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I've managed to reliably use SRTM Geotiff Raster Data with some modifications to create decent terrains in unreal, but there is a small problem with how I go about city-building when I'm not using the actual terrain from unreal in my modelling program, especially with roads and other wide-area constructs. If I were to convert my heightmap to a mesh object for use and manipulate in modelling programs instead of using the unreal terrain, what sort of difference in performance or stability would it make? What about load times?

Would it make a large impact with object meshes for building exteriors included in the object mesh for the terrain, thus reducing the amount of information needed to load both the buildings and terrain by a small amount?

EDIT: title, player should have been play-area

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  • \$\begingroup\$ This seems like a case you can investigate yourself by building a test scene, and profiling it with terrain vs with meshes. Then you'll have an answer you can be confident applies to your use case, on your version of Unreal, on your target hardware — no hearsay from us Internet strangers required. Even a quick/crude test is usually enough to judge whether it's a big enough problem to be worth investigating any further \$\endgroup\$ – DMGregory Jun 22 '18 at 10:02
  • \$\begingroup\$ @DMGregory sure, but that won't tell me about the practical differences. For example, I'm not familiar with Unreal enough to know if I might be missing out on features associated with terrain. I'll probably go look for assistance on the Unreal Forums since they will be better suited, but I thought I would try here for an unbiased answer first. \$\endgroup\$ – Jones Crimson Jun 22 '18 at 23:15
  • \$\begingroup\$ If you need a feature you don't have, you'll notice that it blocks you from doing what you need. If you're missing a feature you don't need, does it matter? ;) \$\endgroup\$ – DMGregory Jun 22 '18 at 23:16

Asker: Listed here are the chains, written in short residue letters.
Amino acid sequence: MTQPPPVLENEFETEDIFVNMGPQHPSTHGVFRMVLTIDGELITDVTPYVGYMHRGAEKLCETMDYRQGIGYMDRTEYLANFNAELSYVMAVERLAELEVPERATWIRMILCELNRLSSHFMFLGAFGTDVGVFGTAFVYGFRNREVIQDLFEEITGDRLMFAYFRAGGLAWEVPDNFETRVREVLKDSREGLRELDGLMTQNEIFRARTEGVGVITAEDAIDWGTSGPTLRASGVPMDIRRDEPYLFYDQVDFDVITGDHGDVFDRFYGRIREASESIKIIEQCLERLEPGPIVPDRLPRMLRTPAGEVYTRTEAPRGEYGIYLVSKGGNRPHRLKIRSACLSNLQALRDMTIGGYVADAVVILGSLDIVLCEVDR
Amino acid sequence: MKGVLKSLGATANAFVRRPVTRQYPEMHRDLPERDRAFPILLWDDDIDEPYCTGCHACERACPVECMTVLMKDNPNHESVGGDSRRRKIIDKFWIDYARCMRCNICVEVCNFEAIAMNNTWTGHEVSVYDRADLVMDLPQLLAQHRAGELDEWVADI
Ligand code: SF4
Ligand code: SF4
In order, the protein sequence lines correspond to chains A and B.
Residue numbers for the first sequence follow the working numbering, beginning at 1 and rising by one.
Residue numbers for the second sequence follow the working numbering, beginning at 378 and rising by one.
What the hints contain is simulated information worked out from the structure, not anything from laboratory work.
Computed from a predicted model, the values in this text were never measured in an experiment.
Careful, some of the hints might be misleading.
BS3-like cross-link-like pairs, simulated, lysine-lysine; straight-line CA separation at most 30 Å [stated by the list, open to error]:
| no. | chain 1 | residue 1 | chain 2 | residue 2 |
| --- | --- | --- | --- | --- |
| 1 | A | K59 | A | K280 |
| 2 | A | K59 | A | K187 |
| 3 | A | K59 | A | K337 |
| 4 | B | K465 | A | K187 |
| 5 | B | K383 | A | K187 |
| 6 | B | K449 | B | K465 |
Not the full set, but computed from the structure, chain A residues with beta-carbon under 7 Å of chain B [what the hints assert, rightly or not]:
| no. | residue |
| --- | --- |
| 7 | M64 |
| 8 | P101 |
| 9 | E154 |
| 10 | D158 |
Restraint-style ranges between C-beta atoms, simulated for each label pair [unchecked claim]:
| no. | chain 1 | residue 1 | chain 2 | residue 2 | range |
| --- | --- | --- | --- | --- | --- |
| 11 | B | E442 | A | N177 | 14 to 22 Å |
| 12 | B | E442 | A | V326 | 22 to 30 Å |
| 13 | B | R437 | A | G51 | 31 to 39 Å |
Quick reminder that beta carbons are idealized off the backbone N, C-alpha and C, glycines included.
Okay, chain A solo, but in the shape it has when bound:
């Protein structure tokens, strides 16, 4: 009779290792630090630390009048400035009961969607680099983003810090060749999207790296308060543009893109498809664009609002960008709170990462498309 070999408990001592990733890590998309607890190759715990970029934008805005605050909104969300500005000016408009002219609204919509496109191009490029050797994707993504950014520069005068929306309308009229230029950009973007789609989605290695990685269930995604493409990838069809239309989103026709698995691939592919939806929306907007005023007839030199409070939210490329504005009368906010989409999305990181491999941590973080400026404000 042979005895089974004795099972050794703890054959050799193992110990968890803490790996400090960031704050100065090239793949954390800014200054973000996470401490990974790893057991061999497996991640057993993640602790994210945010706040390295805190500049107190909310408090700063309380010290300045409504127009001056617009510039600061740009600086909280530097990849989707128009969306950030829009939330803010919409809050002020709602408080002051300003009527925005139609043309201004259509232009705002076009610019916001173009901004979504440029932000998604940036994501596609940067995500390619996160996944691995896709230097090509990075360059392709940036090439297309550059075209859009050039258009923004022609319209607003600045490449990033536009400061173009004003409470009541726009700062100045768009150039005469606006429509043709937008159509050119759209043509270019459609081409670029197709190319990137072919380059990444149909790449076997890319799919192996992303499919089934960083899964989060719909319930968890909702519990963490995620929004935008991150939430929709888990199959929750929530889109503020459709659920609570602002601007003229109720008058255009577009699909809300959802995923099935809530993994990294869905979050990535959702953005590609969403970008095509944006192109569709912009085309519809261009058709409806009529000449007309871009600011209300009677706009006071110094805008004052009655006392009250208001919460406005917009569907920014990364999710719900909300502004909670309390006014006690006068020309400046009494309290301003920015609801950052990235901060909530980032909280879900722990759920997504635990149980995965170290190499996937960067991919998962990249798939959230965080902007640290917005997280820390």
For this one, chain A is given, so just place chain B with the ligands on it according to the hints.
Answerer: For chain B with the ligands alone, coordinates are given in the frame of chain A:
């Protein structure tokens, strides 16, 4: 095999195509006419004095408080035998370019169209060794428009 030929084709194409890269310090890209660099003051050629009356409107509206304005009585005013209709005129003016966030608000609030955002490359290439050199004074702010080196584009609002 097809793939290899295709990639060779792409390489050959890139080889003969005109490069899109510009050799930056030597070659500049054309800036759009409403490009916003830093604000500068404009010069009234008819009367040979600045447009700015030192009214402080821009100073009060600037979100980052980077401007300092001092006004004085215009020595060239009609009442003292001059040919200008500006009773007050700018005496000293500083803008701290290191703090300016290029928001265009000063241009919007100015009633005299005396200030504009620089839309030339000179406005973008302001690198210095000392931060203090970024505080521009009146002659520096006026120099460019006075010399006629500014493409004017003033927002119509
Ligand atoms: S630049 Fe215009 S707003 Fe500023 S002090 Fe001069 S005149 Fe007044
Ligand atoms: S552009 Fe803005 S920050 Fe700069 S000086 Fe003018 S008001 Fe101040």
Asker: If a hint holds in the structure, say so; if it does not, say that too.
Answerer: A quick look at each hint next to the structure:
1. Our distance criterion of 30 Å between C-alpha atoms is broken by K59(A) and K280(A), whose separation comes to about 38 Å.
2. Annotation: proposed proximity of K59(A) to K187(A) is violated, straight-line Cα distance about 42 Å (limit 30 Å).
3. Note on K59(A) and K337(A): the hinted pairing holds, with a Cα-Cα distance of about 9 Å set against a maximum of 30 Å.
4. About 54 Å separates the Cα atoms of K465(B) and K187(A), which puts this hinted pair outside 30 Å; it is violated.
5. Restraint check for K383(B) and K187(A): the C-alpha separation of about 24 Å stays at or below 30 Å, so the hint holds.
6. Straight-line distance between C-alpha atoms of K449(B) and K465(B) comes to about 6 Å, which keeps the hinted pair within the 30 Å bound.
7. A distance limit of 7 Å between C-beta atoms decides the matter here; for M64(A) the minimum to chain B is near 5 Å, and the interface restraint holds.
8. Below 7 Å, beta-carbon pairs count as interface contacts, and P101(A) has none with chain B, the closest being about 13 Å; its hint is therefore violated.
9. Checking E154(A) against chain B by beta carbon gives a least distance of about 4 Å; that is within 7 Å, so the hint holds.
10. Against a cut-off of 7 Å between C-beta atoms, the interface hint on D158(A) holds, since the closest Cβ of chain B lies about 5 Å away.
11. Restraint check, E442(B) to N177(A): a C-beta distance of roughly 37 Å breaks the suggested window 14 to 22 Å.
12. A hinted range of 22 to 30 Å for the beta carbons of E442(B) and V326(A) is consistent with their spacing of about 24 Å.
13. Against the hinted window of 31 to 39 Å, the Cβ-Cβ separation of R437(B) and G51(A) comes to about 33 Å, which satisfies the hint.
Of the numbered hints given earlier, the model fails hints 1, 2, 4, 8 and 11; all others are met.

• \$\begingroup\$ @DMGregory Yes, it makes a difference, because we should always strive for perfection. \$\endgroup\$ – Jones Crimson Jun 22 '18 at 23:17
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You need to profile and see, but in general you'd want to use dedicated terrain rendering techniques for rendering terrain. Not a bunch of static meshes imported from model files.

There are optimizations that can be made for terrain rendering that take advantage of the constraints of the terrain: it is height-map based, and it's on a regular grid, et cetera. Terrain rendering typically uses a subsection of this overall grid as the unit of optimization for falling back to lower-LOD versions, and the geometry for the terrain can be produced on-demand on the GPU as a consequence of the same.

Static meshes are themselves a unit of optimization, and usually aren't as easy to LOD efficiently and automatically in a shader (in the general case). So while in theory you could implement some of these optimizations yourself, you'd be implementing them yourself. They come "for free" with systems that are dedicated to terrain rendering.

The cost of a mesh is fixed, and generally large for something high-resolution enough to be a reasonable-sized terrain chunk. In contrast, the cost of the mesh data for terrain is effectively 0 (it can be generated, since it's based on a height map). The texture cost for the heightmap isn't too onerous; even though it's probably larger dimension-wise, it's probably smaller channel-wise. So it's very possible that the dedicated terrain approach will both load faster and use less memory, depending on how you subdivide your world, your resolution choices, et cetera.

You will find similar tradeoffs in the authoring tools. Unreal's terrain tools allow you to do complex tasks like placing spline-based features over the terrain that are snapped to the terrain (or deform the terrain around it). These splines can have tailored optimizations to processing and rendering just like the terrain can. Static meshes don't, and so you may find yourself with a tedious content-re-authoring pipeline to make any kind of changes to these kinds of features because you need to "bake" them into the meshes themselves.

Every game is different, and only you can do the analysis on your game to determine how the pros and cons balance out. But if I were to bet, I'd bet you'll have better results by using Unreal's terrain tools, both in terms of performance and in terms of ergonomics in the editor.

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